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Nev. angler catches Utah woman’s long-gone photos
Question of the Day
SALT LAKE CITY (AP) - For a few minutes after the splash, Jana LeVitre hoped she could get her camera back from the bottom of the amazingly clear waters of Lake Tahoe.
The Pentax camera was, after all, waterproof.
But when somebody on the sailboat told her the water below was 150 to 200 feet deep, she reluctantly bid adieu to a collection of more than 1,000 photos and videos taken over five years.
“I was really bummed. I lost a lot of memories that day,” LeVitre said of sailing on the lake straddling the Nevada and California border in September 2011. “I realized I’d just have to remember them in my mind. I never expected to see them again.”
But in late January, she saw an image she had lost - on her Facebook page.
“Is this you? Or a very close look-alike?” asked the Facebook friend who posted the photo.
Stephen Garnett was just hoping to catch a lake trout when he ventured out with a friend for some fishing Jan. 19 on Lake Tahoe. He ended up hooking a fishing story that stretched all the way to South Jordan, Utah.
The day did not start well. Garnett was trolling about 8 a.m., when he felt what he thought was a hit from a fish. As he started reeling, the line went slack; it had snapped.
He found a different reel with line and put out a new lure while passing over the same place where he had felt the bite. The two were about a quarter mile from shore near a place called Cave Rock and fishing their lures about 200 feet deep along the bottom.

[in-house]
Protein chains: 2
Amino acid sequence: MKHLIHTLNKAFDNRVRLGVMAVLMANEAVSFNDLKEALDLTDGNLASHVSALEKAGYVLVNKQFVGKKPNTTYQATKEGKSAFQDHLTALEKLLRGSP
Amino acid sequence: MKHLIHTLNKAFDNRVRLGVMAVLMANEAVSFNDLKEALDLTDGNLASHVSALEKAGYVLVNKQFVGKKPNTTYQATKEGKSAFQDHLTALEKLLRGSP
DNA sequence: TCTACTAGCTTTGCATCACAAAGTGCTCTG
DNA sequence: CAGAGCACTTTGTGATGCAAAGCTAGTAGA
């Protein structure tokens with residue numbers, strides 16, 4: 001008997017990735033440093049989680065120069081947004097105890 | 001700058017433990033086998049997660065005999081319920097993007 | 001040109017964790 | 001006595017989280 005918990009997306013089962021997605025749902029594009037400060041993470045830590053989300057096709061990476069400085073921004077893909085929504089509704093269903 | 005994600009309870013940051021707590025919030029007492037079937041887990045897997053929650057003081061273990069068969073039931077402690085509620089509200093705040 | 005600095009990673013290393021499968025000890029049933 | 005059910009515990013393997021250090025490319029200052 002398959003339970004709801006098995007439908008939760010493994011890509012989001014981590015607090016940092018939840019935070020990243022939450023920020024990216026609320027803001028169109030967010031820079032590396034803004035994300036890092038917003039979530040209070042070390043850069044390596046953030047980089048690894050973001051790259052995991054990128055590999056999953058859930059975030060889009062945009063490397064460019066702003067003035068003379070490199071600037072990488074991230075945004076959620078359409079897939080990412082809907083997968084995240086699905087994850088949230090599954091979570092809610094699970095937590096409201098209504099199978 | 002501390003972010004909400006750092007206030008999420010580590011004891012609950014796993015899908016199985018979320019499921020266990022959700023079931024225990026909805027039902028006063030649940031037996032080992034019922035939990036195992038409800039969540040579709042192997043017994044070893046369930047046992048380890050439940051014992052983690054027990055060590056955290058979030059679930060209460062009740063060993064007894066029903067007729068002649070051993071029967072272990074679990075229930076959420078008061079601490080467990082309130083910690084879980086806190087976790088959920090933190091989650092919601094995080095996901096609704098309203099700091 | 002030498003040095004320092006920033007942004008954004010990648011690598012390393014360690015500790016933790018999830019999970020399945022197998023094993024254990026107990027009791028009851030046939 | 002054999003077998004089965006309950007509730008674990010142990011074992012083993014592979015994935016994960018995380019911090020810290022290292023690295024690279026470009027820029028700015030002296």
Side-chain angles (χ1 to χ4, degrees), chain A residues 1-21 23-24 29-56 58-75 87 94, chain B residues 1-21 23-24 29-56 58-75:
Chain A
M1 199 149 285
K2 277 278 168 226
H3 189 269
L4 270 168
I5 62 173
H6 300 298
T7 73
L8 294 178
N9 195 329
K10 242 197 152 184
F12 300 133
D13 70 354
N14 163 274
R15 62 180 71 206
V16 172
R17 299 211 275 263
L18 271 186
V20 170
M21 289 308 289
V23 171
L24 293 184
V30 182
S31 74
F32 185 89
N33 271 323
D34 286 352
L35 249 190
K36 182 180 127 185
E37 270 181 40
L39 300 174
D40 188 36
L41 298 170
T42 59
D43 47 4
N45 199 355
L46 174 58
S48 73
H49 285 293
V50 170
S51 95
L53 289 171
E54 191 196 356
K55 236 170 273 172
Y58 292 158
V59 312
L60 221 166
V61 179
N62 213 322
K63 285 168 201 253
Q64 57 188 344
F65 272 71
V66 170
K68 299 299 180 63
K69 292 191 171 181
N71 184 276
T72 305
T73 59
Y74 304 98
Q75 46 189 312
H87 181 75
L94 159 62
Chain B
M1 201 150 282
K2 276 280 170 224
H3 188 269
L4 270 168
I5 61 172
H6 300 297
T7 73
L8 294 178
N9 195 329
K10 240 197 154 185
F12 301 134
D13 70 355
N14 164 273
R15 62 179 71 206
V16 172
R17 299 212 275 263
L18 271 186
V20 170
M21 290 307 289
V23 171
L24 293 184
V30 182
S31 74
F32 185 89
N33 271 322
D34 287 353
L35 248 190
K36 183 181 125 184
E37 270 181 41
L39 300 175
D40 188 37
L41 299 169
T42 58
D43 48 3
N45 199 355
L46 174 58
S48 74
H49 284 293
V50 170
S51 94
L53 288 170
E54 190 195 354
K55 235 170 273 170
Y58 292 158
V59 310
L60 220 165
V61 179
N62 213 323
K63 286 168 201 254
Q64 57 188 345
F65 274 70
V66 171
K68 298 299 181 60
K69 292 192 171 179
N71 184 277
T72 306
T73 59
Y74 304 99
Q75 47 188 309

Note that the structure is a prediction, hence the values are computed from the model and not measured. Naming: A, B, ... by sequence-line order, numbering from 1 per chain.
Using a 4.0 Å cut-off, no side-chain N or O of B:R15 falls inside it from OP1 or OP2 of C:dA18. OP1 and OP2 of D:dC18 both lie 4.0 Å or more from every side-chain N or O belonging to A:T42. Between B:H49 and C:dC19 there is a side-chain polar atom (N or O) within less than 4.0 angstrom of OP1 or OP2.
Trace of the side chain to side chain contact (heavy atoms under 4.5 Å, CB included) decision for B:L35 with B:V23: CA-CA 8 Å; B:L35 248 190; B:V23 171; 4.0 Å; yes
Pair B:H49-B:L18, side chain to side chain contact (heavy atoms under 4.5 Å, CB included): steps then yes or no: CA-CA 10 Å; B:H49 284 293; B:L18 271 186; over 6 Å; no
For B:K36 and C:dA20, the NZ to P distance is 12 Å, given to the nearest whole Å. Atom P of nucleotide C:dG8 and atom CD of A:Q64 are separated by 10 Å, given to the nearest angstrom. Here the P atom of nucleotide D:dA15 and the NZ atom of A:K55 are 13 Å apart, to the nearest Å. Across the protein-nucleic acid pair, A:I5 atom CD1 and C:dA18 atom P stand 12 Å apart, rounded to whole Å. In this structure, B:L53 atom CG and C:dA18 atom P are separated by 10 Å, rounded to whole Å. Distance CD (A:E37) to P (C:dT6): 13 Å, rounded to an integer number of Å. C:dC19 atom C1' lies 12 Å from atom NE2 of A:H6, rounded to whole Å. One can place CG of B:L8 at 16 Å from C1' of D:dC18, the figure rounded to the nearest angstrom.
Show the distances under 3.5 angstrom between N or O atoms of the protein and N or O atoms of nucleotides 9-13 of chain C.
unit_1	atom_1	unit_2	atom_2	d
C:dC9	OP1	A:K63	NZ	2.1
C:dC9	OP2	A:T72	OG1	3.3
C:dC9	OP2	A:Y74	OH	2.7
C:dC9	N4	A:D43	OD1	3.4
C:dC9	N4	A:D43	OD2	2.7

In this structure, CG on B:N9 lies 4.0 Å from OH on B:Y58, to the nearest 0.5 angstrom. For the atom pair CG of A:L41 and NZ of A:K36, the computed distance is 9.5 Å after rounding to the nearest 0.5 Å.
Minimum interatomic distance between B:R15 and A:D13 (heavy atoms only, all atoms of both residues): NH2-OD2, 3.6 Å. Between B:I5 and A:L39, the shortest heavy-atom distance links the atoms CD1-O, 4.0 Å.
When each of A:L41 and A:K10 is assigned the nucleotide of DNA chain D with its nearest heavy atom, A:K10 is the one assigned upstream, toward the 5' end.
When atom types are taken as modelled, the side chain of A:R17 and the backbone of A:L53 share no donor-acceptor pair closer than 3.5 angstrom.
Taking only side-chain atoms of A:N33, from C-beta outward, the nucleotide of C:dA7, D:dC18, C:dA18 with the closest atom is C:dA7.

Garnett again felt the sensation of a fish biting, but it was not as strong. He reeled up the line to see what was happening.
“It looked like seaweed and then I saw the shininess of it,” Garnett told The Salt Lake Tribune (http://bit.ly/1fEUIlG) from his home in South Reno. “I got it up and dangling from my hook was this camera. Well, at first I thought it was a cellphone.”
Garnett didn’t have long to ponder his catch. His buddy had also snagged something interesting.
“He had actually hooked my line that I had broke the previous run,” Garnett said. “We started dragging that up and on the end was a 3-pound mackinaw (also called a lake trout).”
Around 2 p.m. and with four fish, the anglers called it quits. Garnett was eager to get home and share his catch.
“He didn’t say much; he just had fun, and handed me the camera and said, ‘Look what I caught today,’ ” said Jamie Clark, a hobby photographer and Garnett’s wife. “It was a wild tale, not about what was lost, but what was caught.”
By David Keene
Most Americans get their kicks from their own game
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